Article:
Album of the Week: Frances the Mute (The Mars Volta)
by disillusioned
(Reviews, 1863 views) - 7/12/05
(recorded 7/12/05 @ 3:20:27 AM)
Every week since... well, this week, Ashleigh and I have determined an album of the week. (It started out as "album of the month," but these things moves quickly.)

We have thus decreed (Yes, as in a royal decree.) that this week's selection is Frances the Mute, by The Mars Volta.

The album is completely unlike anything you've heard to date. It is powerful and captivating and so completely all over the place, one might liken it to a Pollack painting in audio form. But cooler. It's eclectic and pulls violently from so many different influences and styles.

The tracklisting of the album itself is impressive, let alone its runtime of 77 minutes—it fills completely the CD, overflowing at the brim.

The first "track" is, at least as I understand it (and feel free to correct me if your knowledge of all things Volta is more comprehensive than mine):
Cygnus---- Vismund Cygnus (A- Sarcophagi, B- Umbilical Syllables, C- Facilis Descenus Averni, D- Con Safo)
It's 13:09, with the four movements mentioned parenthetically.

It starts off frantically and stays that way rather throughout. There are a few dips in the third and fourth movements, and D) Con Safo ends oh-so-quietly, having trailed off for a few minutes.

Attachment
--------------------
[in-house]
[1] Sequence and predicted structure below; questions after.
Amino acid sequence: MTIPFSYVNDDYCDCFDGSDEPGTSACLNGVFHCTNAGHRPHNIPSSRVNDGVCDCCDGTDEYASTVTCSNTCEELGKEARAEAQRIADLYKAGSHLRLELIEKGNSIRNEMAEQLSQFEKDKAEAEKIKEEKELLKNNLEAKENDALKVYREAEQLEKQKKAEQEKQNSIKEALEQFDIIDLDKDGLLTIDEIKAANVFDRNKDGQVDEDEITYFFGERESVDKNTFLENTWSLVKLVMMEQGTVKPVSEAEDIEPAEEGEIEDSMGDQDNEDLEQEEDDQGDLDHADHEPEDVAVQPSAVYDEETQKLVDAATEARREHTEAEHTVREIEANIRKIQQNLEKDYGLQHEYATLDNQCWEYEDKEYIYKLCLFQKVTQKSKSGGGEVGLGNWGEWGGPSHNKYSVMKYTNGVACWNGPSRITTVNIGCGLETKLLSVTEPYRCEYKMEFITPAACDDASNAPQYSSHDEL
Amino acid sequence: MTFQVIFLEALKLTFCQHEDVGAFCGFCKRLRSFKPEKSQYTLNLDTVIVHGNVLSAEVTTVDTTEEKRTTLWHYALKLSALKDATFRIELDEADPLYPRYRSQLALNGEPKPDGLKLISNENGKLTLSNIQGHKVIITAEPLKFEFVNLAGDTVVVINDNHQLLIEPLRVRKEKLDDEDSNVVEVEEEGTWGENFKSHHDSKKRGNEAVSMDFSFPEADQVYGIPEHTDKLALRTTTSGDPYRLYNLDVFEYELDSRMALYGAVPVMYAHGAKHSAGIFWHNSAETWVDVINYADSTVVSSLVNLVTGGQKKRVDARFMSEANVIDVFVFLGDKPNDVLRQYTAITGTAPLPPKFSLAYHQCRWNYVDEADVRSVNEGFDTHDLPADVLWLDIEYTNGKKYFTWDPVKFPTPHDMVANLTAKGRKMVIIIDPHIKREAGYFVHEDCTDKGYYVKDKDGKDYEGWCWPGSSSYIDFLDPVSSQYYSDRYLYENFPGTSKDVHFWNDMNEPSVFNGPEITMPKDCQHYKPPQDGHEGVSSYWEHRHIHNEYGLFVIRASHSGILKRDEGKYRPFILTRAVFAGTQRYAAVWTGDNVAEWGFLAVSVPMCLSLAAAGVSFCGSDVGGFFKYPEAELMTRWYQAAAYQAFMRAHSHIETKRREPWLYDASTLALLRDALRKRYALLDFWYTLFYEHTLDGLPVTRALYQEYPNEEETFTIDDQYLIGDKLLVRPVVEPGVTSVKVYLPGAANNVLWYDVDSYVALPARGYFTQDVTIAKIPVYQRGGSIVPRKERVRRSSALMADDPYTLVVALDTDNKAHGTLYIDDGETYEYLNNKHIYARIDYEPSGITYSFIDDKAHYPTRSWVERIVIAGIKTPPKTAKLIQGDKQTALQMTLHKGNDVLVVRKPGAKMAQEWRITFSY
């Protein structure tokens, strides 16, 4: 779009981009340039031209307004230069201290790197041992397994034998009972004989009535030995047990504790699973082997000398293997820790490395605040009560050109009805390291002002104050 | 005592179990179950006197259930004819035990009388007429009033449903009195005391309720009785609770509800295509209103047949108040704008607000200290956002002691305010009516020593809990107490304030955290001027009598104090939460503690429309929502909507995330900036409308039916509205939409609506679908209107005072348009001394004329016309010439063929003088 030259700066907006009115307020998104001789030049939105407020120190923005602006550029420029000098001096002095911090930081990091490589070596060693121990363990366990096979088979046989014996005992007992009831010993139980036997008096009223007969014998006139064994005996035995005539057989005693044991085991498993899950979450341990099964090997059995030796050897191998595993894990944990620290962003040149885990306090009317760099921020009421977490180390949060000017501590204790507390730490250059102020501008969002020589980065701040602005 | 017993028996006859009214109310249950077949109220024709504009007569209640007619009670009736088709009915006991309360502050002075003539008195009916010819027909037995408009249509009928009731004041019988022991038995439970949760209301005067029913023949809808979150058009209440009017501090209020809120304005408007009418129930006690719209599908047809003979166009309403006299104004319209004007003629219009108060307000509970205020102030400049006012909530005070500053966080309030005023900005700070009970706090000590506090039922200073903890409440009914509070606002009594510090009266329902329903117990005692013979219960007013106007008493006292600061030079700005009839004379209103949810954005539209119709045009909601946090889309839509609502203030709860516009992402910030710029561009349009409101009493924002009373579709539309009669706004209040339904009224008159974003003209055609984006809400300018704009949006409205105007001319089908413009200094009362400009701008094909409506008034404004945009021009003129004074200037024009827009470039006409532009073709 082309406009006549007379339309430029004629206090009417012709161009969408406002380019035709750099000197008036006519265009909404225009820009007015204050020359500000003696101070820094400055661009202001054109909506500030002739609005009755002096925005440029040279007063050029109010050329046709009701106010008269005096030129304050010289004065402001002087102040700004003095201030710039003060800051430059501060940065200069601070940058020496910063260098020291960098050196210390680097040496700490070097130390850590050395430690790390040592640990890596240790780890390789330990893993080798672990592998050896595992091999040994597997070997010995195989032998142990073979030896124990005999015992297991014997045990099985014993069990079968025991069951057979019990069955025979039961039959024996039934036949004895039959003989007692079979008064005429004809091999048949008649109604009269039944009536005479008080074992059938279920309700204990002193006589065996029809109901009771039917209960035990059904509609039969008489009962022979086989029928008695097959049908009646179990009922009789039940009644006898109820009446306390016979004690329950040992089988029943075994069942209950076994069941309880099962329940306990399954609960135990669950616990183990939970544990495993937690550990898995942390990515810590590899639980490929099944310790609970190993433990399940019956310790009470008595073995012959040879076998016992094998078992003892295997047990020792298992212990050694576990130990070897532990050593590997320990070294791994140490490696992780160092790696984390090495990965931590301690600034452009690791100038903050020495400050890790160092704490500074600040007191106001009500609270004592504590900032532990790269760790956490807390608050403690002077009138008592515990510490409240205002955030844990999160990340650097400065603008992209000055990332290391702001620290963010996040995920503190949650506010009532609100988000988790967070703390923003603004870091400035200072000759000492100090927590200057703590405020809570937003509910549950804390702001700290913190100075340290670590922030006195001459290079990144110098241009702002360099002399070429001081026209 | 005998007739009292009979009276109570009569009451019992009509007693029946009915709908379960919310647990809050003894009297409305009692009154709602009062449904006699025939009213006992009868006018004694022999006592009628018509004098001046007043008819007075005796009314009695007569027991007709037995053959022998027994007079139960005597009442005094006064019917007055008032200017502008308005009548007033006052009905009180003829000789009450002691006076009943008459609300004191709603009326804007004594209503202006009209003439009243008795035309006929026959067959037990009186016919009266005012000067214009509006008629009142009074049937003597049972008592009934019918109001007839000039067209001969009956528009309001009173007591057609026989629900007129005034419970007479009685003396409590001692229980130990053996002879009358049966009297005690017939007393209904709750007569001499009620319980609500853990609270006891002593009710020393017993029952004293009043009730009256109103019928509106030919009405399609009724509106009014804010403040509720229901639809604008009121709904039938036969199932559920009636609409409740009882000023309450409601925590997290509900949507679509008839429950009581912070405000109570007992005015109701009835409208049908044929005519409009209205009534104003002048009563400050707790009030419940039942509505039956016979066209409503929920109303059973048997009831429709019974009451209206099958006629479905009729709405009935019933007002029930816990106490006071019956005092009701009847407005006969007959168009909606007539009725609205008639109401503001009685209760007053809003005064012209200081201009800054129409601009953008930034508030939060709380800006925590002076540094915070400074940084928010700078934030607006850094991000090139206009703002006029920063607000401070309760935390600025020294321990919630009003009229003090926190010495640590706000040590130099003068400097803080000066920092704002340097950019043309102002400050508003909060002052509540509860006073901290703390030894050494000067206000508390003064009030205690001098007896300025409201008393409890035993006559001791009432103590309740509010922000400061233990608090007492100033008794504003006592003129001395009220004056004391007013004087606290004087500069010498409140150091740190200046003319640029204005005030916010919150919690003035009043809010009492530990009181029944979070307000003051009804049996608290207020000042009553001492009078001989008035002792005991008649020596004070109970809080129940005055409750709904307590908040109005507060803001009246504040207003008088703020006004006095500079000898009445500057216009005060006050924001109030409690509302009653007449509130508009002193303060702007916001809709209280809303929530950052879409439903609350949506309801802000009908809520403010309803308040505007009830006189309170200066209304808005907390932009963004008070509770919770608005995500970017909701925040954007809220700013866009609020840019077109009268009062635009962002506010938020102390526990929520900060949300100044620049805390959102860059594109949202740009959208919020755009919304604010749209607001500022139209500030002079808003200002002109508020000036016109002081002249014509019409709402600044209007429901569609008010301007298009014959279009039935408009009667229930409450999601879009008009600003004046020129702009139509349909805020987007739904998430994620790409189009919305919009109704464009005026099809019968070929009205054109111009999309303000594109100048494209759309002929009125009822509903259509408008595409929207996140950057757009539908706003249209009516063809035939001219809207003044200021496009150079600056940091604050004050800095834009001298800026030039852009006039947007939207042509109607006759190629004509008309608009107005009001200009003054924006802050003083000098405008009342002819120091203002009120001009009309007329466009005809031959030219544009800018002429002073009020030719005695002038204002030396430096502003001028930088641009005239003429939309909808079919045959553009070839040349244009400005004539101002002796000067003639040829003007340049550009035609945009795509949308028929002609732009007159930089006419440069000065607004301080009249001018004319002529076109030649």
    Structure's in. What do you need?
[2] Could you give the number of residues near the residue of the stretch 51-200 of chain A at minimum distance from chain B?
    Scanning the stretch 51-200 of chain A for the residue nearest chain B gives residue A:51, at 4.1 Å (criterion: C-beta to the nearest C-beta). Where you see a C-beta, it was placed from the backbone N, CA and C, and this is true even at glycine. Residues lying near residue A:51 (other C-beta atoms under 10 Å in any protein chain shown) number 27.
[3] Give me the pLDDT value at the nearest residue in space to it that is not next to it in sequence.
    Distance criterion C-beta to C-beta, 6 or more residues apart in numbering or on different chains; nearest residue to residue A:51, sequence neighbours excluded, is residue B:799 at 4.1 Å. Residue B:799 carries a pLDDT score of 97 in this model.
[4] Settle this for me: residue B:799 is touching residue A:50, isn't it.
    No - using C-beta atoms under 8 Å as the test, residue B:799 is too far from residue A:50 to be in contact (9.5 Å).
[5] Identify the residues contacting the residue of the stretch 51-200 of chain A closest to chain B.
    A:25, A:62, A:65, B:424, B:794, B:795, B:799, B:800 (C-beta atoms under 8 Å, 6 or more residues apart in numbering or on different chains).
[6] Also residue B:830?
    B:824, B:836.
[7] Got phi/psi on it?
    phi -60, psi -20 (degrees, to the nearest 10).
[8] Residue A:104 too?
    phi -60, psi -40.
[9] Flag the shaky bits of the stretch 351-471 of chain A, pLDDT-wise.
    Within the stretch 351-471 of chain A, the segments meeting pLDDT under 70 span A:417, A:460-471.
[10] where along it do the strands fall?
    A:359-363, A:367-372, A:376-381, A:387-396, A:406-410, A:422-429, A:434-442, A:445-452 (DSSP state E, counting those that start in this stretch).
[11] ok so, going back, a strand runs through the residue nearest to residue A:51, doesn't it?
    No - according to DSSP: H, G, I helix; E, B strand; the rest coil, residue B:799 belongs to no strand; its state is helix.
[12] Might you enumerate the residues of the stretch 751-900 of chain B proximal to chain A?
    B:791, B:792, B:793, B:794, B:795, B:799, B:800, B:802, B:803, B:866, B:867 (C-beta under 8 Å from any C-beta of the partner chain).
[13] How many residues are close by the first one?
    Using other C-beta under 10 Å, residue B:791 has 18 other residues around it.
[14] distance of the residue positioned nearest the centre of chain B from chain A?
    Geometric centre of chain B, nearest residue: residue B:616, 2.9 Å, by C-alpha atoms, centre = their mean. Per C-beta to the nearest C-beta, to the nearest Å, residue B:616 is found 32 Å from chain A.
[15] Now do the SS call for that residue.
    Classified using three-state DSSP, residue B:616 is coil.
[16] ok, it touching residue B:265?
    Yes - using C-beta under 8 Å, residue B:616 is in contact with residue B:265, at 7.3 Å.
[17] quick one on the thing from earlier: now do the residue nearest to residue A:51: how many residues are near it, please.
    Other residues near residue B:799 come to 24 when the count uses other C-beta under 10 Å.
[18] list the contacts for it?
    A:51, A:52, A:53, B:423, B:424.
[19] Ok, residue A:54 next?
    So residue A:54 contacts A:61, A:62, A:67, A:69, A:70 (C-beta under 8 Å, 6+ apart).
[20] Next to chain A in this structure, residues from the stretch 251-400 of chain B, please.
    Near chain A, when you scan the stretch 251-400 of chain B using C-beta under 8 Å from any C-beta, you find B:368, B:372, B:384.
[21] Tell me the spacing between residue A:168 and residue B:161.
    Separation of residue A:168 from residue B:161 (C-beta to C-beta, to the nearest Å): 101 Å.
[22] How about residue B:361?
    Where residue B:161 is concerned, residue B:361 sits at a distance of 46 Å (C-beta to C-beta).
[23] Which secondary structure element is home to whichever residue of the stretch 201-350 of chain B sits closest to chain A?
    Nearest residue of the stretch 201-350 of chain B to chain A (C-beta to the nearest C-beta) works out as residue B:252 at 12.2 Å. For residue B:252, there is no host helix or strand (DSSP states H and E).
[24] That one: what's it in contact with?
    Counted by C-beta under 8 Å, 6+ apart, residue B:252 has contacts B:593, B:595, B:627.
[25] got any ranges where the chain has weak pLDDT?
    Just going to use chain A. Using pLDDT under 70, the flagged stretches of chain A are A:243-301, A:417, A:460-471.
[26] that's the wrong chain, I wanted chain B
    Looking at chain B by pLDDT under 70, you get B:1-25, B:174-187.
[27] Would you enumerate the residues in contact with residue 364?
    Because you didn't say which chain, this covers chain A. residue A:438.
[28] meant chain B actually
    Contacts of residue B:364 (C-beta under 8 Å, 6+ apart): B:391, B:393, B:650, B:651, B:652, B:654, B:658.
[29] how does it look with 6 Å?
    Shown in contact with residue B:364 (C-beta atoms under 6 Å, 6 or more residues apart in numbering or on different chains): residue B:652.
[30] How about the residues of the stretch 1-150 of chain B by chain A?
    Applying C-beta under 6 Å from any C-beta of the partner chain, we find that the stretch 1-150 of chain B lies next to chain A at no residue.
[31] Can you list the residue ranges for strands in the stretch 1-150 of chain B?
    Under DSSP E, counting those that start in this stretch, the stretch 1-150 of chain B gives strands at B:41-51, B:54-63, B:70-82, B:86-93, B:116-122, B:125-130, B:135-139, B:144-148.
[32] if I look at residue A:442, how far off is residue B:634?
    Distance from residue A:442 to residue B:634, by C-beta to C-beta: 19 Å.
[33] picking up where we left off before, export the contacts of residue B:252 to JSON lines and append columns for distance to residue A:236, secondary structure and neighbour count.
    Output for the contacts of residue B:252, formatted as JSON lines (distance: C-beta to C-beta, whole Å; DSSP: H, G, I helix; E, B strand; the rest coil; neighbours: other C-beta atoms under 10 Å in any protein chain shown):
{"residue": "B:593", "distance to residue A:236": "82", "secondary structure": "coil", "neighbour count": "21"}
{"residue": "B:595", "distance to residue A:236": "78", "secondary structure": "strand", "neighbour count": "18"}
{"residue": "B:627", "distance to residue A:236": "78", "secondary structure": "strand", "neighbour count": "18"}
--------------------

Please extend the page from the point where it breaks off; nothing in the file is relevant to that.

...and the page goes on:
Next on the disc is The Widow, their quintessential single. This is how I discovered The Mars Volta, watching an episode of Rescue Me on FX the other night. I made a brief mention of it in my other entry, and it has a haunting and powerful melody that you'll have stuck in your head for just about forever.

The story behind the album is that its inspiration was pulled from a diary one of the Volta guys found in the back of a car he was repossessing, about a man's trek to find his birth parents. Said bandmember died of a drug overdose before the release of even their first album.

The Widow has a very smokey feel to it, describing either a cigarette, a cigarette smoker or a cigarette peddler. Either way, it's just as captivating as the rest, and if you let the full 5 minutes run their length, there's a great deal of pink noise and general experimentation which is very Pink Floyd-esque, and would certainly be cool if you were completely stoned.

Next is L' Via L' Viaquez, a 12:21 trip that completely covers as many spectrums as there are colors, starting off with nearly a minute of low bass rumblings before diving into a crazy lead guitar that jars you out of whatever state you were in. The vocals cut in with terse Spanish and a solid drum beat to back them before driving into an amazing chorus and what I imagine would be considered a bridge—this piece that sounds part Santana, part crazy. It's a somber, salsaesque sound, flowing with piano and light percussion and English lyrics:
"And with every body that I find, and with every Claymore that they mine,
I won't forget who we're looking for / Oh mother help me, I'm looking for..."

And then bam. Face first into a heavy, driving, amazing guitar solo. Hope you still have your teeth.